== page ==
Popular Revenants

June 2012
318 pages
9x6 in
Studies in German Literature Linguistics and Culture
ISBN: 9781571135193
Format: Hardback
Library eBook
Camden House
BISAC LIT004170, LIT004180, LIT020000

Popular Revenants

The German Gothic and Its International Reception, 1800-2000

Edited by Andrew Cusack, Barry Murnane

The first book in English on the German Gothic in over thirty years, consisting of new essays investigating the internationality of the Gothic mode.
The literary mode of the Gothic is well established in English Studies, and there is growing interest in its internationality. Gothic fiction is seen as transgressive, especially in the way it crosses borders, often illicitly -- for instance, in the form of plagiarized texts or pseudo-translations of nonexistent sources. In the 1790s, when the English Gothic novel was emerging, the real or ostensible source of many of these uncanny texts was Germany. This first book in English dedicated to the German Gothic in over thirty years is aimed at students and researchers in German Studies and English Studies, and redresses deficiencies in existing sources, which are outdated, piecemeal, or not sufficiently grounded in German Studies.
The book examines the international reception of German Gothic since the 1790s heyday of the Gothic novel in Britain and Germany; traces a line of Gothic writing in German to the present day; and inquires into the extraliterary impact of German Gothic. Thus the essays do full justice to the Gothic as a site of conflict and exchange -- both between cultures and between discourses.

Contributors: Peter Arnds, Silke Arnold-de Simine, Jürgen Barkhoff, Matthias Bickenbach, Andrew Cusack, Mario Grizelj, Jörg Kreienbrock, Barry Murnane, Victor Sage, Monika Schmitz-Emans, Catherine Smale, Andrew Webber

Andrew Cusack is Alexander von Humboldt Research Fellow at the Institut für Kulturwissenschaft of the Humboldt-Universität Berlin. Barry Murnane is Assistant Professor of German and Comparative Literature at the Martin-Luther-Universität Halle-Wittenberg, Germany.

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Table of Contents

Introduction - Andrew Cusack
Haunting (Literary) History: An Introduction toGerman Gothic - Barry Murnane
"The echo of the question, as if it had merely resoundedin a tomb": The Dark Anthropology of the Schauerroman in Schiller's Der Geisterseher - Jürgen Barkhoff
Blaming the Other: English Translations of Benedikte Naubert's Hermann von Unna (1788/1794) - Silke Arnold-de Simine
Scott, Hoffmann, and the Persistence of the Gothic - Victor Sage
Cultural Transfer in the Dublin University Magazine: James Clarence Mangan and the German Gothic - Andrew Cusack
In the Maelstrom of Interpretation: Reshaping Terror and Horror between 1798 and 1838 - Gleich, Hoffmann, Poe - Mario Grizelj
Popular Ghosts: Heinrich Heine on German Geistesgeschichteas Gothic Novel - Jorg Kreienbrock
The Spirit World of Art and Robert Schumann's Gothic Novel Project: The Impact of Gothic Literature onSchumann's Writings - Monika Schmitz-Emans
About Face: E. T. A. Hoffmann, Weimar Film, and theTechnological Afterlife of Gothic Physiognomy - Andrew J. Webber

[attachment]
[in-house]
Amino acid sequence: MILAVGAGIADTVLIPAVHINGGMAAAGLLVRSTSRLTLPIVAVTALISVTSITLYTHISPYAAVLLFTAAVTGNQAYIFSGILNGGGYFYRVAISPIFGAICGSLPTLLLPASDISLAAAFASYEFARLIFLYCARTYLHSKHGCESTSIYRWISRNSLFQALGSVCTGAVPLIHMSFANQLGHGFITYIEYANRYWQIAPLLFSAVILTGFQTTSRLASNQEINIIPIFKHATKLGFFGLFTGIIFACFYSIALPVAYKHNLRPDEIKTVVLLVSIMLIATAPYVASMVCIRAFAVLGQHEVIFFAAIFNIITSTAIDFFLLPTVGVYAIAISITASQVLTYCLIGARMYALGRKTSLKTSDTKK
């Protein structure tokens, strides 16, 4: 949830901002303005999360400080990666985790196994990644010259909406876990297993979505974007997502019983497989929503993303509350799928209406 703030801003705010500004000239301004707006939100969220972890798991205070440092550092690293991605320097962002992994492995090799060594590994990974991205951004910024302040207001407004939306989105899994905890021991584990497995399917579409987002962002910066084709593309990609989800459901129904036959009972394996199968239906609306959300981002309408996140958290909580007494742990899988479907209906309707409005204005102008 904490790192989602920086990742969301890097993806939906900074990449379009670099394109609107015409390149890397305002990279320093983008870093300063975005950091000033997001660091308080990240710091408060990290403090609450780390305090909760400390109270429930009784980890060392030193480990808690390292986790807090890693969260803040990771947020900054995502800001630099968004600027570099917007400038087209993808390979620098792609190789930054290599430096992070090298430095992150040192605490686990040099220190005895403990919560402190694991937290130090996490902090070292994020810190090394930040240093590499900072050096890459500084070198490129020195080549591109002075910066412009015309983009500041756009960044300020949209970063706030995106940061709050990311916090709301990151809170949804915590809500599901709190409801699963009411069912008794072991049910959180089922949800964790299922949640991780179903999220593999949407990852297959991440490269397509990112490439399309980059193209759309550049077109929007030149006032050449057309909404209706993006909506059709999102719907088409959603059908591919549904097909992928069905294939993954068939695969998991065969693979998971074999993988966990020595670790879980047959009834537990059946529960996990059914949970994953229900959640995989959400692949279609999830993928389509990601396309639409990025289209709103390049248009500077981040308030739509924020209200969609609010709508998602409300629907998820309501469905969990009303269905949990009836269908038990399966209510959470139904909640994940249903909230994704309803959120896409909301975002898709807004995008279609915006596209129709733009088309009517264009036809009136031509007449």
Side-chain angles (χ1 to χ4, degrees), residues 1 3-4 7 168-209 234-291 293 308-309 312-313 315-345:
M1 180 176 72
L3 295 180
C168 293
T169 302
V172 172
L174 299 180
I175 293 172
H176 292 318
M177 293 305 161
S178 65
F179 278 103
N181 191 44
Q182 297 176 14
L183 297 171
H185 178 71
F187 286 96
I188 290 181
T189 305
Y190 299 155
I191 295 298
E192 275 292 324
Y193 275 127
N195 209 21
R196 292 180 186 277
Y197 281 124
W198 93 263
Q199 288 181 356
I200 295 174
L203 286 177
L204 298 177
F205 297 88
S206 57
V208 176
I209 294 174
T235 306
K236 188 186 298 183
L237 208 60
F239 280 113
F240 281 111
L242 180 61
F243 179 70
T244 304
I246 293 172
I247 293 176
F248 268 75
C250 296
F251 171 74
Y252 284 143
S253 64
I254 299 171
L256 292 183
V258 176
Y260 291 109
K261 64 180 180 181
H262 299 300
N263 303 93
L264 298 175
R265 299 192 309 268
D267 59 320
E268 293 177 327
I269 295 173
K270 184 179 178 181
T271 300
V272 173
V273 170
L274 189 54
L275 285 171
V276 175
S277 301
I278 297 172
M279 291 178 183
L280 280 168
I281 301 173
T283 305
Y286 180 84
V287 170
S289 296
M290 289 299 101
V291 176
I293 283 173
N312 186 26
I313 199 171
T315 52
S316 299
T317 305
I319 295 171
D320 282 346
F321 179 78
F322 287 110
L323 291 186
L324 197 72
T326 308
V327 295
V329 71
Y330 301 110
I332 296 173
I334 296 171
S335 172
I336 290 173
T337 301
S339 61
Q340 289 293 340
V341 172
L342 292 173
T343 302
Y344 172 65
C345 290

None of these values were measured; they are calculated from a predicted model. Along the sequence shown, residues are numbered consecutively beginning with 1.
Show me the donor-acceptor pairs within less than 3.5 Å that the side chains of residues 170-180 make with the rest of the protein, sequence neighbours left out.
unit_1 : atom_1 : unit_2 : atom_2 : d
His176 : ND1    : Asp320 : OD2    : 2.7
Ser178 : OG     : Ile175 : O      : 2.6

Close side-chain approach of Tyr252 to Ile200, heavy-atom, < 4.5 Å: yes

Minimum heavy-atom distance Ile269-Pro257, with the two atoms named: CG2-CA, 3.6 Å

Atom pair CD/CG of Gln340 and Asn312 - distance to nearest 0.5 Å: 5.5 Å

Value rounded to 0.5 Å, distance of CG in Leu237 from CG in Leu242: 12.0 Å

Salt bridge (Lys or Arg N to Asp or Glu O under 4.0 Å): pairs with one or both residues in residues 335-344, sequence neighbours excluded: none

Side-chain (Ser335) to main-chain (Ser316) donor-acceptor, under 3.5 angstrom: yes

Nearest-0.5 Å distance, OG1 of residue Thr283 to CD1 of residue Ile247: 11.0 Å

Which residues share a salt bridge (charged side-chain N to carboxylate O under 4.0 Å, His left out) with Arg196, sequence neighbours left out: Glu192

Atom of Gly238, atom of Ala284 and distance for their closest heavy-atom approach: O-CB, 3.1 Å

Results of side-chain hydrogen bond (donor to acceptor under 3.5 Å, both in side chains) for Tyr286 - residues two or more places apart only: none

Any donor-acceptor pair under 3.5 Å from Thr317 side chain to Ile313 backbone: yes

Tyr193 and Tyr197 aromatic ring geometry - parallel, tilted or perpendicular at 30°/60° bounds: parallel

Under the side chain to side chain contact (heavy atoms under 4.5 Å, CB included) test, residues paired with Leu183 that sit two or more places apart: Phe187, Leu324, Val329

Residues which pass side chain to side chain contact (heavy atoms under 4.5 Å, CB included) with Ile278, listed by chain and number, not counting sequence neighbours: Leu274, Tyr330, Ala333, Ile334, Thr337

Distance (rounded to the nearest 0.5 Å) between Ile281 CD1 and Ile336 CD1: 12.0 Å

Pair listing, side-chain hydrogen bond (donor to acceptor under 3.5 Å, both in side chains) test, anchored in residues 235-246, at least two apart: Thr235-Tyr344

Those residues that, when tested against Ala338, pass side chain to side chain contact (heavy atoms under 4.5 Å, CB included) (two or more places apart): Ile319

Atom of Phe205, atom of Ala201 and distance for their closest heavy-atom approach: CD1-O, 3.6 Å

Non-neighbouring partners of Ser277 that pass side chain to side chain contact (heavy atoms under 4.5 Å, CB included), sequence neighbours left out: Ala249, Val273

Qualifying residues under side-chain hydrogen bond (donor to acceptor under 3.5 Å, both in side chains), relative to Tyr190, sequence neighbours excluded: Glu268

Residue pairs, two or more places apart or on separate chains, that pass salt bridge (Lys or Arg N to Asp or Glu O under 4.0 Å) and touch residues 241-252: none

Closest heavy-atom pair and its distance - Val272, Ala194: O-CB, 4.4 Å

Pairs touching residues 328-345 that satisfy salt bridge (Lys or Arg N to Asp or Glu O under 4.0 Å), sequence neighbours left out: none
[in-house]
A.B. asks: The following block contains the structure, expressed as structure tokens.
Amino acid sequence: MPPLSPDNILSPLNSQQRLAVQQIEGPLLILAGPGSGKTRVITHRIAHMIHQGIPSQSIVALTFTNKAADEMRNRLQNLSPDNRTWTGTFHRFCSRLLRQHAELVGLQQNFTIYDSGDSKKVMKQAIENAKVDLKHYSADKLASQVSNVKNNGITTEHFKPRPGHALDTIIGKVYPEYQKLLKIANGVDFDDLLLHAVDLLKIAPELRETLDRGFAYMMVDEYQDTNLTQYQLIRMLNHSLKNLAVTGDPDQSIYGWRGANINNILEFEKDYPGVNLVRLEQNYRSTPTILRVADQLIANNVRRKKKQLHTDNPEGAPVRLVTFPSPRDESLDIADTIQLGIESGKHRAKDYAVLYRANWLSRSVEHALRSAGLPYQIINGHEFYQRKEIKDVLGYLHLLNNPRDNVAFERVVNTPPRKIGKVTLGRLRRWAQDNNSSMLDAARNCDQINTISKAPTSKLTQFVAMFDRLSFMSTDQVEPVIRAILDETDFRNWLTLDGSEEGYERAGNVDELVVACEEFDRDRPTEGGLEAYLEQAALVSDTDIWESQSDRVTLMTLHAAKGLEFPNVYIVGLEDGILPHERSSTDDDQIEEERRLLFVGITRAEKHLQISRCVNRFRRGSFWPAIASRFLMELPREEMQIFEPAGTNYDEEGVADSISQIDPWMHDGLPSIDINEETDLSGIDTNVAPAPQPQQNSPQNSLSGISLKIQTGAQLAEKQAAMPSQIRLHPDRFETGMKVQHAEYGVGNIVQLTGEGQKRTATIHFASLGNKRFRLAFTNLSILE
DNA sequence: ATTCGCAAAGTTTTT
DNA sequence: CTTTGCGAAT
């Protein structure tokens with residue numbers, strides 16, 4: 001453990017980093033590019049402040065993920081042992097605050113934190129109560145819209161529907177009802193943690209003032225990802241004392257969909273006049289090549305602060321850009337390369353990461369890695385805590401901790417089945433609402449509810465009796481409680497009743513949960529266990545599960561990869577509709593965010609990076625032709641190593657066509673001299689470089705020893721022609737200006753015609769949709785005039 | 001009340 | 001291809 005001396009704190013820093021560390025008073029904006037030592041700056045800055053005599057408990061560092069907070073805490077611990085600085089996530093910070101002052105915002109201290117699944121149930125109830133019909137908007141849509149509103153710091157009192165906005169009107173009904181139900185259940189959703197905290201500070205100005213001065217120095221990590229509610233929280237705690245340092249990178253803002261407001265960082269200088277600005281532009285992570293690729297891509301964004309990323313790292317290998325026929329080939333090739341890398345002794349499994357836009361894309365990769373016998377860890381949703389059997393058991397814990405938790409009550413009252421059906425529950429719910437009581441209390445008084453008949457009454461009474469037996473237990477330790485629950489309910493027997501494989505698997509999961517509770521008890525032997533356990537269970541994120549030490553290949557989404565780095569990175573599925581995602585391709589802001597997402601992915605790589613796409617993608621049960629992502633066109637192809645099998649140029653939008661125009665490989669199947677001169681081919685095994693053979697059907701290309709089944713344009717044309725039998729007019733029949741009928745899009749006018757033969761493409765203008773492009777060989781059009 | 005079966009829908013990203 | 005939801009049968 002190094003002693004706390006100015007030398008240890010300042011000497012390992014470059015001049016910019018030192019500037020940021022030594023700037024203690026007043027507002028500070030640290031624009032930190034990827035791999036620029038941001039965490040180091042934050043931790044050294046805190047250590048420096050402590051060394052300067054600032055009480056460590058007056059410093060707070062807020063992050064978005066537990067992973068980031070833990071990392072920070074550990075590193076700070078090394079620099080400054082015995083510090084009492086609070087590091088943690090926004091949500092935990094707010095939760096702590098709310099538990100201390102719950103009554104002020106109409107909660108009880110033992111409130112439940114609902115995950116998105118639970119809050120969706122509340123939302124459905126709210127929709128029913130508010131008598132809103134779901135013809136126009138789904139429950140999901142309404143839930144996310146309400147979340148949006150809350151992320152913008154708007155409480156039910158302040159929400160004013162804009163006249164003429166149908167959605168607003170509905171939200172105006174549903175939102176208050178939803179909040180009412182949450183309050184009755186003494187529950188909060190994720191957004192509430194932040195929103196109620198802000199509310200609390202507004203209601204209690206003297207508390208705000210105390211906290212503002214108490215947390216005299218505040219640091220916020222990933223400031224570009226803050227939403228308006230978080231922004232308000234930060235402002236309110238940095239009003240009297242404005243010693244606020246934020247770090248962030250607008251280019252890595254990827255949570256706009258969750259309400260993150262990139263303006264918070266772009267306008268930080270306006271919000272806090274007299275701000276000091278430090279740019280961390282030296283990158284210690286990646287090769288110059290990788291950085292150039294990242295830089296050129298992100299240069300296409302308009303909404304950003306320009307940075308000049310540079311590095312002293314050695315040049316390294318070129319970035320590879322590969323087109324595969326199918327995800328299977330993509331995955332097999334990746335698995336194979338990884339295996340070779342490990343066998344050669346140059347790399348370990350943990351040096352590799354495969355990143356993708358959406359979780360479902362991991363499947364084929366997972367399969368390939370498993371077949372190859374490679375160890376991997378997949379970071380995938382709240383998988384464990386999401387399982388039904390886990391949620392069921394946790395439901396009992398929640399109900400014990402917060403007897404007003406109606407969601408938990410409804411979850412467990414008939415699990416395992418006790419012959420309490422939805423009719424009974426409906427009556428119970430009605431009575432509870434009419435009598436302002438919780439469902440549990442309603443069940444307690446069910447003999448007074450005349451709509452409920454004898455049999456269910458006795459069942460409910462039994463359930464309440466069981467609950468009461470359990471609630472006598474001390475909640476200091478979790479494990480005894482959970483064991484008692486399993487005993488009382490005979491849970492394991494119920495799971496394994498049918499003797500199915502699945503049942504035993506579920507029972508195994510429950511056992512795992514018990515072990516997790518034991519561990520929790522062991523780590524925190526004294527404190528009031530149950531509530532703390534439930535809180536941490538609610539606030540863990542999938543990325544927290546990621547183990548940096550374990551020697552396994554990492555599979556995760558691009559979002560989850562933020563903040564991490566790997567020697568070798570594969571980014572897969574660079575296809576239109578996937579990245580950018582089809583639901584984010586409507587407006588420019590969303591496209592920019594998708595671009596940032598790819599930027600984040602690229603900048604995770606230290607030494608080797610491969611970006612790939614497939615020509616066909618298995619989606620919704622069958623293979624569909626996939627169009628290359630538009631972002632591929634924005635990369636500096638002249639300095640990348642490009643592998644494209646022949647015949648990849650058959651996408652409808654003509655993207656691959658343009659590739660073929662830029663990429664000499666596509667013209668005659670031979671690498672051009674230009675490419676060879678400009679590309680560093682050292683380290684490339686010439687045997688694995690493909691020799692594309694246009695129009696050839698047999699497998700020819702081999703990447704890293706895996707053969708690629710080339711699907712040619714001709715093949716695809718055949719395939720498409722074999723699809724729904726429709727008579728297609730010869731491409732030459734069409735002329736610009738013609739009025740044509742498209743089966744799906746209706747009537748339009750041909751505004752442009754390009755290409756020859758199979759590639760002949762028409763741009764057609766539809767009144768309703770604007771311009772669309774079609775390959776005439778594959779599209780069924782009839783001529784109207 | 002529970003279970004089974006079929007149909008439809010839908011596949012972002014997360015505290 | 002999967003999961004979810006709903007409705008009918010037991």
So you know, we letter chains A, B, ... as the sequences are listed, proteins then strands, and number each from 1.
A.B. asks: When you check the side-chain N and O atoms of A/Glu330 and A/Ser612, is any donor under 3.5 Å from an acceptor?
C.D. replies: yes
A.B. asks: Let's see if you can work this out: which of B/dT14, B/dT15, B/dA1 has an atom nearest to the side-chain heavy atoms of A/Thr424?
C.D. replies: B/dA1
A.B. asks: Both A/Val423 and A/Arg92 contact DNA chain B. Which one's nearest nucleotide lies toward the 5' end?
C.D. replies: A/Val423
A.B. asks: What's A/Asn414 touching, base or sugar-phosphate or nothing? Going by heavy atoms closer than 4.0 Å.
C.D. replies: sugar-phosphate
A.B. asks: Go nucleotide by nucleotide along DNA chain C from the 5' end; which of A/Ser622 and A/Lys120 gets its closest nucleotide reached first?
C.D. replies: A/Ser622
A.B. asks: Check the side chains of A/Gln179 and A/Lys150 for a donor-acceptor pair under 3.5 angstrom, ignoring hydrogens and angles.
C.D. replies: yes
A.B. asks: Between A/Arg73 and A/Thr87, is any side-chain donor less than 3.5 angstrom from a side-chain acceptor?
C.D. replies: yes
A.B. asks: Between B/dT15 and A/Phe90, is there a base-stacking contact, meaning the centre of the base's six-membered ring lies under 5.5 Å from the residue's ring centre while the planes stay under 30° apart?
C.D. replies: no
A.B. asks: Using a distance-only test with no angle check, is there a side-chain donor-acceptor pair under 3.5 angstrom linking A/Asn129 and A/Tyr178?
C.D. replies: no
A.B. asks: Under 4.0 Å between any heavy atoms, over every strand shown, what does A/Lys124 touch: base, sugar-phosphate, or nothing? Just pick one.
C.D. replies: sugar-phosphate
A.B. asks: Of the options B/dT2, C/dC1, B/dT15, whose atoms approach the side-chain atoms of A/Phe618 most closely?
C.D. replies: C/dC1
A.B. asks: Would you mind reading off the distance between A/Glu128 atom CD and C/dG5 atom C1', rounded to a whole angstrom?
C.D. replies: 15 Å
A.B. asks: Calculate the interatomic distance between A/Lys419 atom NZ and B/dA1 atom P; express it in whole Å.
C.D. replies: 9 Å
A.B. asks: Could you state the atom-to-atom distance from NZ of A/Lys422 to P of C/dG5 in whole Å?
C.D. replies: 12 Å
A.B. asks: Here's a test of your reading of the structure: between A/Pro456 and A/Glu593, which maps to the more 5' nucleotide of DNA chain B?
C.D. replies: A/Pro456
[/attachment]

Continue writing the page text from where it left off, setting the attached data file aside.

Of Rats, Wolves, and Men: The Pied Piper as Gothic Revenantand Provenant in Wilhelm Raabe's Die Hämelschen Kinder - Peter Arnds
The Lady in White or the Laws of the Ghost in Theodor Fontane's Vor dem Sturm - Matthias Bickenbach
On Golems and Ghosts: Prague as a Site of Gothic Modernism - Barry Murnane
"Ein Gespenst geht um": Christa Wolf, Irina Liebmann, and the Post-Wall Gothic - Catherine Smale
Works Cited
Notes on Contributors


The collection as a whole points to the demand for a broader critical discourse on the Gothic within Germanistik and to some of the main questions that derive from here: how to trace the "birth" of the German Gothic from the affect-based spirit of the late Enlightenment; how to chart its strategies of production and dissemination against terminological confusions, gaps, and silences in its international reception; and how to construct its diverse cultural genealogies beyond the framework of literary romanticism. SEMINAR

[A] splendid collection of critical essays in the field of reception theory. . . . [A]n impressive assembly of critical voices, whose first-rate scholarly contribution is meant to last. BRITISH ASSOCIATION FOR ROMANTIC STUDIES BULLETIN AND REVIEW

[T]he volume shows in a convincing and highly interesting way the legacy of the German Schauerroman, not only in other literatures but also in German from the early nineteenth century to the present. YEAR'S WORK IN MODERN LANGUAGE STUDIES

[P]rovides concrete evidence of Slavoj Zizek's claim, in Paul A. Taylor's words, that "a full understanding of what it is to experience reality as a human being requires acknowledgment that the spectral has a very real effect." --Michael Minden, MODERN LANGUAGE REVIEW

[A] polished, cohesive body of work . . . . Overall Cusack and Murnane have succeeded in assembling an important volume that addresses a significant lack in German Studies scholarship. . . . With its useful methodology and rich body of research, Popular Revenants will hopefully pave the way for future studies into the influence of German gothic "revenants" . . . . JOURNAL OF EUROPEAN STUDIES

[The editors] gather 13 essays that plumb the production of writers like Schiller, Heine, Schumann, Poe, Walter Scott, Hoffmann, and Raabe. . . . A worthy reentry into a forgotten field, this study with its fine index, footnotes, and comprehensive bibliography fills an egregious lacuna. . . . Recommended. CHOICE

[A]n indispensable, highly relevant guide that clearly shows the strong influence of the Germanic strain of horror on the genre we know today. RUE MORGUE MAGAZINE

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